After lunch which came with complimentary bananas, we started on another set of hills. Past noon, the weather became unbearably hot. The good cloud cover we enjoyed the whole morning was only good up to the Melaka border!
Coming down a slope, dear Kim Chai was waiting at the junction under the hot sun to give directions. Meanwhile, CS Lim was spending extra hours under the sun, patiently sweeping the last riders to each regrouping point.
Turning left onto N6, everyone made a break for the only shelter in an otherwise barren road; a bus stop! While everyone were trying to make light on an otherwise hot day, Alvin arrived with a troubled look. His old knee injury from his last Wuling climb was beginning to act up.
Acknowledging his pain, Siew Wan offered to administer essential oil therapy on him. While she was playing nurse, Uncle KC wanted the same attention as well!!! Returning her deeds, Alvin began a physiotherapy session on her to help loosen a frozen shoulder!
Still not himself, we decided to stop at a family run eatery just down the road to allow him more rests. A roadside stall that sprouted next to a housing estate, it was conveniently located right opposite the family’s home. As we were only thirsty, we all had watered down liang teh whilst Alvin and Uncle KC packed their knees with ice.
It was also at this juncture that the news of Desaru 113 race began to pop up on WhatsApp media. While some friends made it to Top 10 categories, Claudine was sad to find out Dr Chu had an accident which ruptured the tendon on his knee! Resulting from this injury, he will be out of active sports for at least 3 months.
We did not make it far after our liang teh stop either. Stopping at a junction for regrouping, Alvin requested for the Arcoxia initially offered by Siew Wan. While nurse was going through her medical pack, Kim Chai offered his less potent “candies” as well. It seems our dear friend had come equipped with pain killers after seeking medical treatment for a migraine just the day before!
Jokes of using Uber service had surfaced since our last liang teh stop. However, based on the assurance that the next 12 km will be completely flat, Alvin pressed on with one good leg.
When we finally hit Port Dickson, the sights of falcons hovering in the sky did little to lift Alvin’s spirits. Stopping for drinks and another ice treatment, he began a deep discussion with the team on how to complete the ride. Grab app was flicked open when Claudine decided to hail an approaching taxi. Haggling with the driver, we finally agreed on the RM15 fare to Bukit Pelanduk.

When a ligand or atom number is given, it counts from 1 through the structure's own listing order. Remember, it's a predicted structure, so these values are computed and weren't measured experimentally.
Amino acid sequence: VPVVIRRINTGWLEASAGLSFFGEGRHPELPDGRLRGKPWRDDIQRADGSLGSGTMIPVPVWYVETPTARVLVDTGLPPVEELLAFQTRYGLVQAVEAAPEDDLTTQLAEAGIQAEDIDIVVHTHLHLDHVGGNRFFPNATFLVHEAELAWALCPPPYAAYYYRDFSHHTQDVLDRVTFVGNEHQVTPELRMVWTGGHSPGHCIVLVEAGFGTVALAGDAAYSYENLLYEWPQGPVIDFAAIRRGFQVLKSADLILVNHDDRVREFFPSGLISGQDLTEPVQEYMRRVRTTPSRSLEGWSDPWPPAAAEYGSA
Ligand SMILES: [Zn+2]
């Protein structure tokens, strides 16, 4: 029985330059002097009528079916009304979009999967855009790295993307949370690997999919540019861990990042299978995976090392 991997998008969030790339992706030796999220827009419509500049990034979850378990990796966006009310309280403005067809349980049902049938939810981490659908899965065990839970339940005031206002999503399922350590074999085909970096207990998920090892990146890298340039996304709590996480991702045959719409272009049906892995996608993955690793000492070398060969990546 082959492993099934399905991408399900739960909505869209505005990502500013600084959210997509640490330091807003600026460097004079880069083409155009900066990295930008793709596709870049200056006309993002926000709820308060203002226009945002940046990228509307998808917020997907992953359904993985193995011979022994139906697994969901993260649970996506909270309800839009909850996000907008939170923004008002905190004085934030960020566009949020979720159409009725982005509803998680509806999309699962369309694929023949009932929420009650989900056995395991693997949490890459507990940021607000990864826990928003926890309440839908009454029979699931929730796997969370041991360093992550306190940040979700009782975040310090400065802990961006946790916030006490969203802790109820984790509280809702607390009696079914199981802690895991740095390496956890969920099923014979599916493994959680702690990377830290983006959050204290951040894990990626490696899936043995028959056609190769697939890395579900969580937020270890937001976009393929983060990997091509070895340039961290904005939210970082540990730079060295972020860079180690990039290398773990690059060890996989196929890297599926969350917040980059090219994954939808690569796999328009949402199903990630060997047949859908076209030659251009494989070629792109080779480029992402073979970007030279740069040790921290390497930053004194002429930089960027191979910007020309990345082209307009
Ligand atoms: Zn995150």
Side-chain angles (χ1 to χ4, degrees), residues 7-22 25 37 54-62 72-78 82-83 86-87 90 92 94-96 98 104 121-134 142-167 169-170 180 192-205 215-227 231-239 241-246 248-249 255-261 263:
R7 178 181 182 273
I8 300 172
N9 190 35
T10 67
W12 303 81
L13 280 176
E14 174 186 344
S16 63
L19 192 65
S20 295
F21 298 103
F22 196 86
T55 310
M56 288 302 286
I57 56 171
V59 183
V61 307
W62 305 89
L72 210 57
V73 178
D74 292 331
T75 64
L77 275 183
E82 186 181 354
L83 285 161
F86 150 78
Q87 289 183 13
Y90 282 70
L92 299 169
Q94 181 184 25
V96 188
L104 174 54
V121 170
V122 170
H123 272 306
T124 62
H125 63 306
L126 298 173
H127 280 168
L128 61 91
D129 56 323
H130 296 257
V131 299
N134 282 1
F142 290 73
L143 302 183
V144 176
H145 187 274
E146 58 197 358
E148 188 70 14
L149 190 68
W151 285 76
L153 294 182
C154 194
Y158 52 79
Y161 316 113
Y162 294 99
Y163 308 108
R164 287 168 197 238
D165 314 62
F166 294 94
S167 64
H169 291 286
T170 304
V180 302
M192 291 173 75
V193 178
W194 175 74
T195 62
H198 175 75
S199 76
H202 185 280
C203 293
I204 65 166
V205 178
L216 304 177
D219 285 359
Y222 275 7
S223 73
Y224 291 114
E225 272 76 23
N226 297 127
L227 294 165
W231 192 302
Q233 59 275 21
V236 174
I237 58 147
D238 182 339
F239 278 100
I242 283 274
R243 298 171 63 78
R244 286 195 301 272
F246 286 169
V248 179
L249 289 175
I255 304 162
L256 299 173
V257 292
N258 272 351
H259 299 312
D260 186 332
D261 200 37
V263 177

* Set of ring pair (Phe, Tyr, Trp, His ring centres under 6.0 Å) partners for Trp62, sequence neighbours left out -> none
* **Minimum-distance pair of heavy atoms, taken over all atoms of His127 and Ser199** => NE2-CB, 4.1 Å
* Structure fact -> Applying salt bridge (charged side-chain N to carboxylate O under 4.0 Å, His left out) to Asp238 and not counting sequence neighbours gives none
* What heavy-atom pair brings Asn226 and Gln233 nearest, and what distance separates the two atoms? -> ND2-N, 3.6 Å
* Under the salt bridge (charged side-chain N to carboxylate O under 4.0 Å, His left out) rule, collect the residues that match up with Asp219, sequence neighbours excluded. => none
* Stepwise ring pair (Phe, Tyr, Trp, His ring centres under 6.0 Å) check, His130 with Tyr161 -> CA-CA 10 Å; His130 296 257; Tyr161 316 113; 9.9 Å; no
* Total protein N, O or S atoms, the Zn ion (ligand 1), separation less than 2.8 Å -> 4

|When the ice pack grow from a small bag...|
|...to a big bag...|
|...it is time to call for a taxi!!!|
The extra room in the cab soon gave rise to temptations. Siew Wan succumbed to the air conditioned comfort, leaving Gary to ride on alone....carrying her panniers as well!!!
Waving them off, the rest of the group resumed their journey through grueling hills and scorching sun. Even the dead at the looming Chinese cemetery must have been tickled to their bones when they saw us huffed and puffed our up the steep slopes!
The geography of Negeri Sembilan is different from Melaka. While the latter state thrives on rubber, we only sighted palm oil trees in Negeri Sembilan. These palm fronds offers little shades as we treaded past.
Counting down the milestones to Bukit Pelanduk, the road transport department played a sinister joke on road users like us. The distance to Chaah reduced and increased with each passing stone!!!!
Spotting the guys standing by the junction to Bukit Pelanduk brought real relief! While we whooped with joy, the old folks at the village wasn’t too thrilled to see our boisterous bunch. We were disrupting the thoughts of 2 men bent over a game of Chinese chess while their friends looked on silently.
Just next door, a wooden coffee shop was serving afternoon tea while its equally old patrons threw us cursory looks. Nope, we were not worth their attention as the shopkeeper had mentioned earlier that this was a popular route with cyclists enroute to Klang!!!!
Leaving the “retirement village”, we rolled along the side lane, right next to the Kedai Runcit. This small lane cuts through a mangrove swamp.
Just a few hundred meters later, our faces broke into smiles as we sighted Sungai Pelek and the ferry that serves the narrow river. A popular route with the locals, it cuts short travel time by more than 20 minutes! Only RM0.80 per person inclusive of bicycles, greetings by wild monkeys were thrown in as part of the deal!
The one minute ride across the river saved us 17 km of leg power. Right out of the boat, we stepped on Selangor soil. Rolling through a small plot of palm oil trees, we came out at the edge of a housing estate. Within minutes, we had arrived in the town center.
As pre requested by Berenda, Kim Chai led us to the home industry of the famous FooChow biscuit. Unfortunately, by 4 pm, production had ceased but the owner was kind enough to point us to the coffee shop where we could still buy the strange delicacy for consumption.
It was at this juncture that things started to slide southwards. Starting from Gary’s puncture, Alvin soon received news of his friend’s passing!! Regrouped for FooChow biscuits after the tube change, they tasted like hard buns filled with red bean paste!
Our final 20 km ride was a dull one. Rolling on flat terrain, passing coconut plantations, the evening sun bore its way through our skin, nanometers by nanometers!
The few of us behind made countless stops. Once for Alvin to call Mike. Then for Mike to return the call, cancelling dinner plans with us! Later, for George to take a puff!!!
Along the way, Alvin made attempts to return to Singapore but God already had other plans for him. He reflected on Life!
Right before Hocks House, the sceneries began to change. Riding alongside the Straits of Melaka, the sea was shimmering at sunset. The town became visible and cyclists were spotted on the road.
Labouring on, a most pleasant sight appeared at the far corner of Claudine’s eye. A movement...waving arms...a grinning man! It was CS signaling the end of the ride. Hurrah!!!!
Arriving at Hocks House, it took us quite a while to check in as Kenneth was flustered over an electronic key system that had gone awry. The 130 km ride on small wheels with a 1100m elevation gain did not deter the bike lovers from giving their bikes a good wash. It was a well deserved wash as the wheels had treaded through 3 states in a day!!!
That night, we rode out for a sumptuous seafood dinner. Continuing on with a bubur caca dessert, we went back to Hock House passing off gas the whole night.
Unwittingly, 3 men saved the planet that night. Skipping the abdominal bloating dessert in favour of their laundry, they did not contribute to air pollution! Meanwhile, riding out to the Tg Sepat jetty while the OCD’s were incessantly washing their bikes earlier, they helped to conserve water as well!
1. KC Tay
2. KC Au Yeong
3. Ped Al